Male vs Female Regurgitation

		What confirmed sex have you seen regurgitate food?

				Total votes : 8

Ok, I want to know what your experience with male vs female parrot regurgitation is? I only have 3 so my sample is too small. But what I have noticed is that my 2 females NEVER let anything up. They sooner try to pump on my finger and see what they can get from me. Meanwhile my male, as a baby used to try to pump to receive, but when he got older would cough stuff up to offer. These displays are actually quite rare in my guys because I have done a good jump of punishing the behavior. However, when is has happened this is the observation that I have made. So is it true that males feed, females receive?

None of my birds have ever regurgitated to me, but my female IRN takes pieces of food/seed//toys and tries to stick them in your mouth if that counts.

I don’t know how much help I can give but for what it is worth…Kikki ; F, 5 yr. ,Senegal : She does not give up anything Kookooloo ; F, 13 yr., CAG : Rarely gives up anythingMimi : F, 14 yr., Yellow Naped Amazon : She is still too new for me to know as of yet

Skeeter regurgitated for me when we first got him home, but I took it for stress/excitement over being in a new environment instead of thinking of me as his “mate”. Every study I’ve read about poicephalus parrots in the wild indicates that it is indeed only the male that regurgitates. When I have time (today’s kinda busy) I could rustle up the actual citations…Best,Weka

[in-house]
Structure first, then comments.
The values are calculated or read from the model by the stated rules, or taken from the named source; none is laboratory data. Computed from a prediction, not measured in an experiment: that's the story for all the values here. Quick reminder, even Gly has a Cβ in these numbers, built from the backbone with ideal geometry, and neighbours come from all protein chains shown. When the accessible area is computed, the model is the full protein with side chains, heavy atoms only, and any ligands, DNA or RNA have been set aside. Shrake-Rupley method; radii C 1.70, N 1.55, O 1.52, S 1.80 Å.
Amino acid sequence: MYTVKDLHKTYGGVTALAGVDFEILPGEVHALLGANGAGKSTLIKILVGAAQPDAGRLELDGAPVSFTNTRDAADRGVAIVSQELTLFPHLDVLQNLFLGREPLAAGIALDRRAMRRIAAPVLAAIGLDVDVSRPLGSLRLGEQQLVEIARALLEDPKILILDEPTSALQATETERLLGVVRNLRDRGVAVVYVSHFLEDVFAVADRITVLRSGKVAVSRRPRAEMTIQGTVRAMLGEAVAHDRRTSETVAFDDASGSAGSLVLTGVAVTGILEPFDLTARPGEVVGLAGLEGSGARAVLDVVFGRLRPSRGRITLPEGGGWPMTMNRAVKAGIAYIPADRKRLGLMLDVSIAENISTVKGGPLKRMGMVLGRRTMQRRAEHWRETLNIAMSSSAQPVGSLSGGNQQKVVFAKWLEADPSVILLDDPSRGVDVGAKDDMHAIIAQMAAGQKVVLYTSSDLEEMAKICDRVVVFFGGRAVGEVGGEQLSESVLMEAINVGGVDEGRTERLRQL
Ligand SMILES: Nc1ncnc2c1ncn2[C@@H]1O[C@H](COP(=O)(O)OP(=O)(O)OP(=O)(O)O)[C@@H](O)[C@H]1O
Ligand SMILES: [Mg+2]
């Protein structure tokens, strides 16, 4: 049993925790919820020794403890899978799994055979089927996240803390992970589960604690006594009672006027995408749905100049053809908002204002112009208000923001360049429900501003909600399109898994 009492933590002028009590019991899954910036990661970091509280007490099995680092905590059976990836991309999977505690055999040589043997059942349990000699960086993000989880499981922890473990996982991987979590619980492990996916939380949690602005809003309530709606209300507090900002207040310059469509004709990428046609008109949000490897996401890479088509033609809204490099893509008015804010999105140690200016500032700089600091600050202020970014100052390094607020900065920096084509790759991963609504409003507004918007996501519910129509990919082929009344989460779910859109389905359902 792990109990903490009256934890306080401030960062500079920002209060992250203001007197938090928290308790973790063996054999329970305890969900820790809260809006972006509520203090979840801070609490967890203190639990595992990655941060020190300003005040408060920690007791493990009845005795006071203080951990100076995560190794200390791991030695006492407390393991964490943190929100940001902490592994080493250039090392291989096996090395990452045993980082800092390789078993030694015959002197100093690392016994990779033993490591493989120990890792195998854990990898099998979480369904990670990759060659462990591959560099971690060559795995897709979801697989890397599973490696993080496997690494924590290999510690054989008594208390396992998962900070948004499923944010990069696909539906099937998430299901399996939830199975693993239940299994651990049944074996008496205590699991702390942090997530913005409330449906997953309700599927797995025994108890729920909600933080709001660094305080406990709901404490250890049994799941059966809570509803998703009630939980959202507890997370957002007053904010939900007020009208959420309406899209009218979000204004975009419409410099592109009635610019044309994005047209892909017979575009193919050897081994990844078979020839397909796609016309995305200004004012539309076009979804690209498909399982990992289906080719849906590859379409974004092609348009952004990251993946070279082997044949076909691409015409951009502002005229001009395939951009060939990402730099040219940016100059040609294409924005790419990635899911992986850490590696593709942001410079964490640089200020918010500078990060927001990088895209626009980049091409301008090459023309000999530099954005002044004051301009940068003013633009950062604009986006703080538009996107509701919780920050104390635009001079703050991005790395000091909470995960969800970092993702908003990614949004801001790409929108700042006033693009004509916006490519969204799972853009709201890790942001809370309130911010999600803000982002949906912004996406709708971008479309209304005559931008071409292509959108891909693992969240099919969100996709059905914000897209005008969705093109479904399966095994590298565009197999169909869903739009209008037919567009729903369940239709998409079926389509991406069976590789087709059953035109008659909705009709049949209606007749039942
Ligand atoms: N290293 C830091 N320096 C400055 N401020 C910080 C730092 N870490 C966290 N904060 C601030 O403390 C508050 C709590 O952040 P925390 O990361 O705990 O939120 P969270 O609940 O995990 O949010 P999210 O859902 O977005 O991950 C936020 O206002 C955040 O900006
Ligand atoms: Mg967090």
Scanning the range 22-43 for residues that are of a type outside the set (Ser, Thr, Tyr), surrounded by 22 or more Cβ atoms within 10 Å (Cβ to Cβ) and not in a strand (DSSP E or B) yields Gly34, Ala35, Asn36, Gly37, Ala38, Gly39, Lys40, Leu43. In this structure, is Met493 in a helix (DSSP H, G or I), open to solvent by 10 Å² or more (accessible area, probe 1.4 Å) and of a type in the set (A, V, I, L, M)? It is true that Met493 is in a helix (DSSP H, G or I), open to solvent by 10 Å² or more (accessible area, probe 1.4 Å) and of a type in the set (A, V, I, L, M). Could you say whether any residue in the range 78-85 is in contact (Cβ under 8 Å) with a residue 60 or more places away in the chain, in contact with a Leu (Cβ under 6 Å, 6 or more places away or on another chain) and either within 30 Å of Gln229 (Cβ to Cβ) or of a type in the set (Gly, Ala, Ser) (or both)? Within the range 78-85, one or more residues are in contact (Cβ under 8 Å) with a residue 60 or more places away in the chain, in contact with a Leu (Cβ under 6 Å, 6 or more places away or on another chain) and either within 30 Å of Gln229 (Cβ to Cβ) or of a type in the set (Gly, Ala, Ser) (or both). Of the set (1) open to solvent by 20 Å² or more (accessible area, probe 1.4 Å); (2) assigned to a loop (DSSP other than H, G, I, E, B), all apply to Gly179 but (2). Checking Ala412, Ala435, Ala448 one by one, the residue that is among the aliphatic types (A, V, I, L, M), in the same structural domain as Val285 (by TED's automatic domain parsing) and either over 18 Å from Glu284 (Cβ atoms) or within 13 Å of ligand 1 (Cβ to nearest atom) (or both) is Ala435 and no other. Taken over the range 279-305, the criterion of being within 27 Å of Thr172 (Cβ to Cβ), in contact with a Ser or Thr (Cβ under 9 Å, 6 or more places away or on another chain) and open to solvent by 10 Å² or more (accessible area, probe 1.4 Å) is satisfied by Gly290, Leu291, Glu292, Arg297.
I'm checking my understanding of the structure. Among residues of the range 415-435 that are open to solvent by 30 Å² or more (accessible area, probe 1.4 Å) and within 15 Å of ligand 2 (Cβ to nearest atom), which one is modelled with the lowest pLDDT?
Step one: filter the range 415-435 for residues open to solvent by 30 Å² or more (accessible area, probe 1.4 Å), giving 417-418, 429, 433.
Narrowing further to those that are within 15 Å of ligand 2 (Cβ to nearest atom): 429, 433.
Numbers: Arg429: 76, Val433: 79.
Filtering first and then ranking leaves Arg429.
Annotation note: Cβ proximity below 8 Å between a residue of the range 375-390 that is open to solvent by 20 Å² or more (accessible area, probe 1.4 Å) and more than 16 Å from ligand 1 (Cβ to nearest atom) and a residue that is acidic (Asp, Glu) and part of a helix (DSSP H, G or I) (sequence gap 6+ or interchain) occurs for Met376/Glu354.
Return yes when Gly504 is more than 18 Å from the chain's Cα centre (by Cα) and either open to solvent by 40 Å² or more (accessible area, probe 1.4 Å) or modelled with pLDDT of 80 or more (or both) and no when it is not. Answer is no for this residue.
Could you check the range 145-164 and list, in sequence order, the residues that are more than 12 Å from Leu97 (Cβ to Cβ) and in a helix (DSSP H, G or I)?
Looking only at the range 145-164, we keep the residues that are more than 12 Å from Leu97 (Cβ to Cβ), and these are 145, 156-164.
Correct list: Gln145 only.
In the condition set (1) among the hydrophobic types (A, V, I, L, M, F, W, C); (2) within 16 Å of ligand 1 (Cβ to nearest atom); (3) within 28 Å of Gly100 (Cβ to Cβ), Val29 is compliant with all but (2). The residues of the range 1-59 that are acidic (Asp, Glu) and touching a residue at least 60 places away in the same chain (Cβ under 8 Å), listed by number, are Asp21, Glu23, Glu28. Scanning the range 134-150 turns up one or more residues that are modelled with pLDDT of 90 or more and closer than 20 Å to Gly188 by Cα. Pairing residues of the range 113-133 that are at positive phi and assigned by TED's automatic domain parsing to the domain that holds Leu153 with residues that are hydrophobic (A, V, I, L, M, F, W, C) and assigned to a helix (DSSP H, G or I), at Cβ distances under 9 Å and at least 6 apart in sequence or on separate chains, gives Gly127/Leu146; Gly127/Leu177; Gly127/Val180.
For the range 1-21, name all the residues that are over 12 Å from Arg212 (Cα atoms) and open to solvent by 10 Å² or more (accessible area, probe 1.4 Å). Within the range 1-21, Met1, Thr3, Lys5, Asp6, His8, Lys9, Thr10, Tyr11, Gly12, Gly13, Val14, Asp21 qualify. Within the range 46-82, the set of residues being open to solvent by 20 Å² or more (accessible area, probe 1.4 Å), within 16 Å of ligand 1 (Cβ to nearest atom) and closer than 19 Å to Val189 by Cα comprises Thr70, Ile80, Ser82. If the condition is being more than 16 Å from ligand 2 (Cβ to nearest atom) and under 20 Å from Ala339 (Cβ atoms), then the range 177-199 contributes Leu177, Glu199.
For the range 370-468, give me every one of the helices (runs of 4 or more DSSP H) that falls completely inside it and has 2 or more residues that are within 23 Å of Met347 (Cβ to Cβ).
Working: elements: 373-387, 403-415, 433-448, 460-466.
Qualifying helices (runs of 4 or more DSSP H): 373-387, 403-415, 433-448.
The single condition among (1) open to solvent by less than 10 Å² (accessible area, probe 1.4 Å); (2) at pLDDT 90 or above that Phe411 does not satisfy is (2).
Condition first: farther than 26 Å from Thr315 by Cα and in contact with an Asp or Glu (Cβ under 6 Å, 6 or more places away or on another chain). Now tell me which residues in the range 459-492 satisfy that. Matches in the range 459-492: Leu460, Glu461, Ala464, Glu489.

In my personal experience, when you have a bonded pair of male/female birds, it’s always the male which regurgitates for the female but with pet birds that are bonded to a human, females would regurgitate for the human as well as the males.

None of mine have ever done it for me so I can’t really comment either. I can say that I only ever witnessed the breeding male budgies and 'tiels feed the hens where I used to work, never the other way round but that’s not to say it never happened.

I’ve only had female parrots thus far and neither have regurgitated on me. Both, however, have displayed courtship behaviors via dance moves.

I have had several birds, though many have been older ‘rescue’ birds so not as likely to display this behaviour, but I had a female Grey that I hand-raised who regurgitated between my toes one morning while I was still half asleep. Talk about waking up fast! I think the screech I let out made her think twice about doing it again. She was about 3 then.Now I have a male Grey who is just turning 3 and his mating behaviour the past couple weeks has been ridiculous and has included the neck pumping and I sometimes see food back up into his mouth but I always move away so I haven’t actually been presented with a gift yet.Otherwise his behaviour lately could be described as hunter/warrior and it’s pretty interesting to watch - jumping up in the air and pouncing on things like you see hawks doing - with the odd really good nip thrown in, and that alternates with kitty-cat where, especially in the morning, he just winds his head all around my hand in a way I’ve never seen a bird do before.On a different note - I was a bit concerned with the original poster’s use of the word “punishing”. I hope there is nothing too heavy going on here as fairly gentle behaviour mod most always works well with birds though with some it takes a while.

Welcome to the forum, cybercrone. Glad to have you along, I understand your concern over Michael’s use of the word punish and I normally would be up in arms over it, but I think that he sometimes choose to use words like that to see what kind of reaction he can get. I suppose that I could be wrong, but I am not aware of him doing anything that is not gentle with his birds.

Yes, I also hope it was just that he was using the wrong word…